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Mo. Dept. of Natural Resources sponsoring mercury drop-off sites

The Missouri Department of Natural Resources is launching a round-up of mercury items in Missouri.
(via flickr/Ben+Sam)
The Missouri Department of Natural Resources is launching a round-up of mercury items in Missouri.

The Department of Natural Resources is launching a statewide roundup of mercury in Missouri. There will be around 50 mercury drop-off sites in the state, including four in the St. Louis area.

The department is working with fire departments and county health offices to provide drop-off locations where citizens and non-profit agencies can leave instruments containing mercury like thermometers, blood pressure cuffs, thermostats or switches.

The program does not include compact fluorescent bulbs. Information about the proper disposal of CFLs is available here.

Citizens interested in disposing items at these sites should secure the item in two zip-lock plastic bags and secure it in a crush-proof container like a coffee can or plastic bottle.

Anyone uncomfortable with transporting mercury instruments, or who has large amounts of mercury instruments can contact the department's spill line at 573-634-2436 to have the item picked up.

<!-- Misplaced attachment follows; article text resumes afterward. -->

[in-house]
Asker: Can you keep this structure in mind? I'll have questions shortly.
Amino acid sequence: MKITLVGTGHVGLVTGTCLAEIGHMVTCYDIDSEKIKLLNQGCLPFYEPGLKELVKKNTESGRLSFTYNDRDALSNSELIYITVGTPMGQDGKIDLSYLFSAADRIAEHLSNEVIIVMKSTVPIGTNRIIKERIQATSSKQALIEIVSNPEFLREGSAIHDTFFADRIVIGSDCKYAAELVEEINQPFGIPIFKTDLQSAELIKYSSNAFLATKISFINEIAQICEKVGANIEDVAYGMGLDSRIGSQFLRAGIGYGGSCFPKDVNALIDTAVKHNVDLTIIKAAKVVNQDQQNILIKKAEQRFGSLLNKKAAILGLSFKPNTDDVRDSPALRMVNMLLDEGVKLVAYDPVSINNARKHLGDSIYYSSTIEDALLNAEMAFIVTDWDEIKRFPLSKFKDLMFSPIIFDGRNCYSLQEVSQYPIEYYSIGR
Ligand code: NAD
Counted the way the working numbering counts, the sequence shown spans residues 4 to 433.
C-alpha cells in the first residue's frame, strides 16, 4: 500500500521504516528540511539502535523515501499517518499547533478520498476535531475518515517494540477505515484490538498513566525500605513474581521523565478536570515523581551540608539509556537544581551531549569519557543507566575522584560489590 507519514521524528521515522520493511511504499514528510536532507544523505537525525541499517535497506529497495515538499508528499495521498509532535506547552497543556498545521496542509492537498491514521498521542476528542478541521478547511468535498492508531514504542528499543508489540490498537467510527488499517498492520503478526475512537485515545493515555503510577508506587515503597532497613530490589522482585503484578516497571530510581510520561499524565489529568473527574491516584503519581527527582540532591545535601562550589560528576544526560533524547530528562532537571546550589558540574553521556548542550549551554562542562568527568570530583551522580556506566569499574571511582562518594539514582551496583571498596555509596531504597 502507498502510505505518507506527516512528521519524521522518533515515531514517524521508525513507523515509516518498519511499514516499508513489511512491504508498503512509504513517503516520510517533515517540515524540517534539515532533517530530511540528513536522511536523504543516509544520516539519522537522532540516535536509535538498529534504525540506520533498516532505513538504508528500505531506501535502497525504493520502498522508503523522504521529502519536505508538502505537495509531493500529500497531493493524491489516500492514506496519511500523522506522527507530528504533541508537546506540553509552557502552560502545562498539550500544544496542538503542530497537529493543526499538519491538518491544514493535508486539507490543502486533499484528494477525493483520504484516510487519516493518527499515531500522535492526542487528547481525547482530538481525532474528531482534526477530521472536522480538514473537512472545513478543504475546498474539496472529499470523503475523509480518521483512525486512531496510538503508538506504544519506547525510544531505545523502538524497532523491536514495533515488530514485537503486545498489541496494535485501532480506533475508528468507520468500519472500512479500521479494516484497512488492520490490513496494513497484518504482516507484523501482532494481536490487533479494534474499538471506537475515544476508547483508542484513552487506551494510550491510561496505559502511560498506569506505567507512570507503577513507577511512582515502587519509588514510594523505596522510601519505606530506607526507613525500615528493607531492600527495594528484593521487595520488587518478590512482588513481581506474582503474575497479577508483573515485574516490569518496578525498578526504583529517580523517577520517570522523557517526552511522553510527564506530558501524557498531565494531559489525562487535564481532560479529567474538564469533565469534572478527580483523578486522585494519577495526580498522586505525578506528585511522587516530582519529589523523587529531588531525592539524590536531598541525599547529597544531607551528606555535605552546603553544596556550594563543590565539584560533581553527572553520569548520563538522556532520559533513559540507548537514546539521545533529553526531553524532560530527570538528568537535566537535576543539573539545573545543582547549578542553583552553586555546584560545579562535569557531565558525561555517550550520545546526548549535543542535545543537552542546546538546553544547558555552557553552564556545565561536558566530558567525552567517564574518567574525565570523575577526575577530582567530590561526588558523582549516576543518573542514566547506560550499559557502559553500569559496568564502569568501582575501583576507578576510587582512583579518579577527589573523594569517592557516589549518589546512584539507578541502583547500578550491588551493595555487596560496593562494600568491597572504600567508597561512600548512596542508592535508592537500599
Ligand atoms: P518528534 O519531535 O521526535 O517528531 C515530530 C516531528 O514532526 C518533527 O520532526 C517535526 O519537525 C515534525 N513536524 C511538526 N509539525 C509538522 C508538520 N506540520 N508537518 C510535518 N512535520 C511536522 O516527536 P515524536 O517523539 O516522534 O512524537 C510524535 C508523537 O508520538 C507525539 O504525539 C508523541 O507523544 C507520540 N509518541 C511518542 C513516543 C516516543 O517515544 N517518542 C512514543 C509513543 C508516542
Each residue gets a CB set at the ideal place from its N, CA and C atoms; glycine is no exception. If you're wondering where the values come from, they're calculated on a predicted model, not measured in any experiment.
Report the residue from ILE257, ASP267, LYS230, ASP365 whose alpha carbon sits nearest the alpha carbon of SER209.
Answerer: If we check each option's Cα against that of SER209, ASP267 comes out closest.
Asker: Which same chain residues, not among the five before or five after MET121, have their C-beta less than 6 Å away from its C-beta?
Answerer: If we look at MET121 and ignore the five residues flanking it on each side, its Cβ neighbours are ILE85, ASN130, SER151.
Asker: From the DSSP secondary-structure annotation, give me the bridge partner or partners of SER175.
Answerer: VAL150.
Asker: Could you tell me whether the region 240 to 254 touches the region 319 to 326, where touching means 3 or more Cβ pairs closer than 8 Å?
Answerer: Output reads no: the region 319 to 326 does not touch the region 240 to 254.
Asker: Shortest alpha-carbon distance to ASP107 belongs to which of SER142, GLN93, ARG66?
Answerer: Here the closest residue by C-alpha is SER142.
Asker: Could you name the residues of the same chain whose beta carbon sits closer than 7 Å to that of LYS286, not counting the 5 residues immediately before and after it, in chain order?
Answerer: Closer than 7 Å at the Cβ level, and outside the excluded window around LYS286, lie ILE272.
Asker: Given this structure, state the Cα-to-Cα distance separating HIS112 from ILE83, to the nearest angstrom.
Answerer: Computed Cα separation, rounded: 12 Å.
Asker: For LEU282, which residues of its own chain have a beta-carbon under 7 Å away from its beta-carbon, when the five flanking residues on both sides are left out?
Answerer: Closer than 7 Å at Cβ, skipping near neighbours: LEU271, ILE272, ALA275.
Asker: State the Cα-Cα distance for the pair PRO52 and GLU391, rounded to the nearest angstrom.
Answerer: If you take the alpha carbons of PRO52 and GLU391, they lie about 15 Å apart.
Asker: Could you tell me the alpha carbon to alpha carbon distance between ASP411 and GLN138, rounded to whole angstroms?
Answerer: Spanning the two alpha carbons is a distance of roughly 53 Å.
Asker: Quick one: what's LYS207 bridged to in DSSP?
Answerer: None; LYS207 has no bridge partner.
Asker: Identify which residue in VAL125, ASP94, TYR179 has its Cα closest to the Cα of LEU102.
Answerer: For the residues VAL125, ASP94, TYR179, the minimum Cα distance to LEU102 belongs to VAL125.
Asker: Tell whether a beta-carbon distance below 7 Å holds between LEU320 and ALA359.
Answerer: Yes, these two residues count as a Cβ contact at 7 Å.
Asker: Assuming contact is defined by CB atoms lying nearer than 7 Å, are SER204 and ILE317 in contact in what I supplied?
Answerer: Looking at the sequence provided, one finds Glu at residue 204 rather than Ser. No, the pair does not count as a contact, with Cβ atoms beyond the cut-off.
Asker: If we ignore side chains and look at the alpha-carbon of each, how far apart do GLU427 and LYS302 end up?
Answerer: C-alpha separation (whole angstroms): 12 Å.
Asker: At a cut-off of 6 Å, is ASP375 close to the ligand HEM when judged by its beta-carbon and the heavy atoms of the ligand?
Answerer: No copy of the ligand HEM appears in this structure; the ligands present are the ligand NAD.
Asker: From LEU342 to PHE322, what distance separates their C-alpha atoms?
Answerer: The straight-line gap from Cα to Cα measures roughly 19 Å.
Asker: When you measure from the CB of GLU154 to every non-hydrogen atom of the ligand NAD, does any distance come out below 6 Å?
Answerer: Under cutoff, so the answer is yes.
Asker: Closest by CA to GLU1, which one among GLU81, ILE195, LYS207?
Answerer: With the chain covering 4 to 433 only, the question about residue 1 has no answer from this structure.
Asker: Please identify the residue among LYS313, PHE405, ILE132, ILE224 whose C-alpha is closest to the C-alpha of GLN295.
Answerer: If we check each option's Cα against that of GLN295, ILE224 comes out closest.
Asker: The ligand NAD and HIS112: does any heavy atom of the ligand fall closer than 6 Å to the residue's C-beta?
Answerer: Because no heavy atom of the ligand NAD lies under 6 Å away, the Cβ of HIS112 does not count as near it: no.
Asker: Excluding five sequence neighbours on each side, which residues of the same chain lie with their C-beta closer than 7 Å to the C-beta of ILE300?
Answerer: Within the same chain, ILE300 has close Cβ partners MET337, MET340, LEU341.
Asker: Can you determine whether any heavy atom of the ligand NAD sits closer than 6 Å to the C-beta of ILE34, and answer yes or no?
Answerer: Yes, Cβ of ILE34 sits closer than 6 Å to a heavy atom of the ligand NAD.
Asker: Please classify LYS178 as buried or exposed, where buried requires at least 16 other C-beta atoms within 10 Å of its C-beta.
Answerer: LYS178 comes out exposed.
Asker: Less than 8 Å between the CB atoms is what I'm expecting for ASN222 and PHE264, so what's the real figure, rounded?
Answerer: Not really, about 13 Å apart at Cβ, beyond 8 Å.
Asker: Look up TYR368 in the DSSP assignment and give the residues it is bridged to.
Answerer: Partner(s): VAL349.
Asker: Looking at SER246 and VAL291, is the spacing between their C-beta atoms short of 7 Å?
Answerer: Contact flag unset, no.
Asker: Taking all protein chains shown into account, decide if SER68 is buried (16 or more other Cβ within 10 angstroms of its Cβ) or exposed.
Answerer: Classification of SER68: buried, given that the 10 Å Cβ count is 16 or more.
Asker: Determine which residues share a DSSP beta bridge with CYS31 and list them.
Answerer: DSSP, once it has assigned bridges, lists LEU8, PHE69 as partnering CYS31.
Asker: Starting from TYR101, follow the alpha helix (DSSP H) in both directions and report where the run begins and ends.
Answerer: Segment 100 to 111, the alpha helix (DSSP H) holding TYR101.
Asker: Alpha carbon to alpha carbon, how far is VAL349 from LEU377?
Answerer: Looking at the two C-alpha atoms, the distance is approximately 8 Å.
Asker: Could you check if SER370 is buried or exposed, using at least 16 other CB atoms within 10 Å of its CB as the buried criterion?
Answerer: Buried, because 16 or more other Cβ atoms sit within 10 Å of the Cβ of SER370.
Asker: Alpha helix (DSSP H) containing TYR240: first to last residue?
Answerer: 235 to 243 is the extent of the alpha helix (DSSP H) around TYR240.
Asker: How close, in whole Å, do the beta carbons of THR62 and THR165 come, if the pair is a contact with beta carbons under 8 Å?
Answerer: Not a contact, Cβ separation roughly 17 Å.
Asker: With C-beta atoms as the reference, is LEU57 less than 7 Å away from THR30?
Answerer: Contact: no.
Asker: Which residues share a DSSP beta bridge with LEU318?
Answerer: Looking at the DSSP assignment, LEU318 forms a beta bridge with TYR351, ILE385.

The St. Louis area drop-off sites include:

  • St. Charles Fire Dept., 400 North Drive. 636-949-3572
  • Franklin County Fire Dept./Emergency Management Agency, 200 E. 14th St, Washington. 636-390-1020
  • Jefferson County Health Dept., 405 Main St., Hillsboro. 636-789-3372
  • Dept. of Natural Resources Environmental Emergency Response Section, 97 N. Outer Rd., Eureka.       636-938-7808 or 636-938-7809

Call ahead before before taking items for disposal. Never leave items if facility is closed.
The mercury roundup will end on May 31. Department staff will then collect the items and transport them to Jefferson City to recycle what can be recycled and dispose of the rest properly.

A complete list of mercury drop-off sites is available here. More information on mercury's health effects and how to clean up a small mercury spill is available on the department's website.